At first sight there isn’t much to connect Stephen King with Shakespeare – maybe even at second sight. But I was watching the BBC Othello yesterday when one of those ‘ermmm’ thoughts struck: Iago and Mr. Gaunt.
Mr. Gaunt, from King’s ‘Needful Things’, is unashamedly and unequivocally, a devil: ‘The Gaunt-thing hissed and shook its claws at them,” (pg 780 in my paperback version). He appears, however, a friendly, helpful, elderly man to almost all – delusion and reality.
Iago? Is he a devil or is he a man? Is he a human gone bad or a personification of evil? That’s one debate that’s not going to go away – but the unanswerability of the questions is key to the play – and as I keep trying to persuade people, Shakespeare’s greatness is in the questions he raises and not in any answers he doesn’t provide.
This is also the weakness of King – we get an answer - an ending (sort of happy) and a tag – it’s all starting again, which is so formulaic it is almost a sign of compulsive writing disorder. Evil is defeatable, the American dream is fightable for, small communities just need the right man to protect them, or else . . . blah, blah, blah.
Both Iago and Mr Gaunt work by constructing a false trail – trails that could, at first sight, seem simple jests – tricks and practical jokes which rely on the witless participation of others: King gives us Brian Rusk, Shakespeare, Rodrigo. Both use the weaknesses of their agents, but there is a difference in their victims.
Othello, Desdemona, innocents in black and white, do nothing to further their own destruction in the way Mr. Gaunt’s customers do – they do not, of their own free will, enter the shop. Iago is not playing with people’s bodies so much as with their souls: Whether he knows it is not at issue – he appears motivated by greed, jealousy and spite; he seeks Othello’s mental torture and physical destruction, not his soul’s damnation – but that is what Iago (almost?) achieves.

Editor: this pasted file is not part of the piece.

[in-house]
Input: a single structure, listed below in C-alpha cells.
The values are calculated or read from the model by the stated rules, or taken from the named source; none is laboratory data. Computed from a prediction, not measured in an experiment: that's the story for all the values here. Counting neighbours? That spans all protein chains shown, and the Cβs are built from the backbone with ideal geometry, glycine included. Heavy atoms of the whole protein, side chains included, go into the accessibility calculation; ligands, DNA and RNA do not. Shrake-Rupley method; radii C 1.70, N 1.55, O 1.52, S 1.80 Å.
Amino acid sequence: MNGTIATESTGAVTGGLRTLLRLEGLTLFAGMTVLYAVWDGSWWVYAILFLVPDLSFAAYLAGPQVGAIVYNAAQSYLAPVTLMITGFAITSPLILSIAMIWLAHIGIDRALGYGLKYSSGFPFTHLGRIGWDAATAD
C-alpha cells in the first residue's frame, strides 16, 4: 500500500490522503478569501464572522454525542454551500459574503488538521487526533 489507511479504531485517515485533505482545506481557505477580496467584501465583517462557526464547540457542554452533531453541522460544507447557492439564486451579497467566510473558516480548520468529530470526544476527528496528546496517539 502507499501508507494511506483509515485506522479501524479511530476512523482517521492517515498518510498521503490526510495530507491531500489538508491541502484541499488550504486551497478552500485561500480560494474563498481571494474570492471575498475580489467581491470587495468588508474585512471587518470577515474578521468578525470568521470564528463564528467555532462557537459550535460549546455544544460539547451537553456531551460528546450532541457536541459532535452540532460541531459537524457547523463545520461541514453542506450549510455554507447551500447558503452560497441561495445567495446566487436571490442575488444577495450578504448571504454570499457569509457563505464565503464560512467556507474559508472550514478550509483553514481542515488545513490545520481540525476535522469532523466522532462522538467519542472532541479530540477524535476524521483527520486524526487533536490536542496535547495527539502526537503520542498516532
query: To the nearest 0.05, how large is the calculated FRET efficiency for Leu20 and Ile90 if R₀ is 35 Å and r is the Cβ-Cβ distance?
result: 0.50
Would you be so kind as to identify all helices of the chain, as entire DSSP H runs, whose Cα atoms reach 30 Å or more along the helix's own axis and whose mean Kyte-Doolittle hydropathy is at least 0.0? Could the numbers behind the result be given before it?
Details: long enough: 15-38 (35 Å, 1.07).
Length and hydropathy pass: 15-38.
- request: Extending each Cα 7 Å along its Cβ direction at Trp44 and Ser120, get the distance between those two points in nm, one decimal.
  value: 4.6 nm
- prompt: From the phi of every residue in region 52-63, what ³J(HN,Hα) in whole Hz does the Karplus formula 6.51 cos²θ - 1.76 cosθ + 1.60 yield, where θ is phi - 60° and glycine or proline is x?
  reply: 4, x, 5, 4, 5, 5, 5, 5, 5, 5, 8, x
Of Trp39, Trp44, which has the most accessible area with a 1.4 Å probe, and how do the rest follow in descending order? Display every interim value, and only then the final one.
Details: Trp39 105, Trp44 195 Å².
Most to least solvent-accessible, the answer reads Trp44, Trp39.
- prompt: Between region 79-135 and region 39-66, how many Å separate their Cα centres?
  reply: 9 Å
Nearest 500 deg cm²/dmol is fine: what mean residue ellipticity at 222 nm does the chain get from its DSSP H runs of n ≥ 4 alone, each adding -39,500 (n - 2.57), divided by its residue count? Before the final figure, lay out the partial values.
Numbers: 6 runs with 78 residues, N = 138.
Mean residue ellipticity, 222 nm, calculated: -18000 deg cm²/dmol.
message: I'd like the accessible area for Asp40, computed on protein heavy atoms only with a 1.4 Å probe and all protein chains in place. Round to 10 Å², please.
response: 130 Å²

Gaunt is single-minded in his exploitation of a weakness in a culture – the pursuit of happiness at the expense of life and liberty. There is no chance of resisting because you have already made the choice – you are already damned and Gaunt simple takes you all the way. This dreadful inevitability is a criticism of American materialism and its pernicious effect on everyone from young children to religious leaders, from the town drunk to the town councillor. (Is this sounding as much like ‘sixties hippy’ to you as it is to me?)
At the heart of Shakespeare’s play is the impossibility of giving up free choice – no matter how many times you watch it, you think ‘ don’t believe him’, ‘don’t drink that extra cup’, ‘don’t . . .’: At no point is there an inevitability. Iago, right to the end, doesn’t think there is – in the final act he says he has either succeeded, or he hasn’t.
It seems to me that this is what makes Othello a tragedy – the possibility of an alternative.
It also seems to me to be the thing that makes Mr King’s book a Horror – the simple chain of cause and effect is inescapable.
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[This dreadful inevitability is a criticism of American materialism and its pernicious effect on everyone from young children to religious leaders, from the town drunk to the town councillor. (Is this sounding as much like ‘sixties hippy’ to you as it is to me?) ]
--Not big on cultural relativism?...neither am I. Too many times the discussion about similarity is initiated in an attempt to prove the initiator's point--and usually by the time he/she does, the value of the comparison has been bastardized by self-serving interest.The truth tends to suffer in these instances, as does the importance of making the comparison in the first place--wherein the true value of the exercise lies.
But there IS this curious little propensity History has of repeating itself...over and over again. And when it comes to human nature, there really is nothing new under the sun; 'twas ever thus. Shakespeare had this uncanny knack--he could get to the core of a human being, show us the depths of their baseness, and at the same time, elicit our patient acceptance (to the point of amusement at the horror) of this Toad. Why? I believe it's because in showing ALL the facets of this character as well, he's giving them a reason to exist and a reason we should accept their existence through our own commonality with them--Iago's opening speeches (indeed the play's as well) taken together are a convincing summation to the jury of History as to why people like him exist! Does he have a choice? Does Othello? Fate certainly plays its part--but how much is Fate responsible for Othello's choice (weakness) to let the green eyd Monster totally possess him? Is he good otherwise? Yet look at that of which he is capable!
Shakespeare has proven himself over and over to be a Philosopher who is able to see himself in the mirror his characters hold up to him, yet look through the mirror as well; all the while sitting on the fence trying to decide which way is best to go. Truly Human.
[– and as I keep trying to persuade people, Shakespeare’s greatness is in the questions he raises and not in any answers he doesn’t provide.]
ABSOLUTELY! -- because if that's point #1 for you, you understand the importance of keeping Shaksper alive; and you have my vote for the Office of The Presidency.
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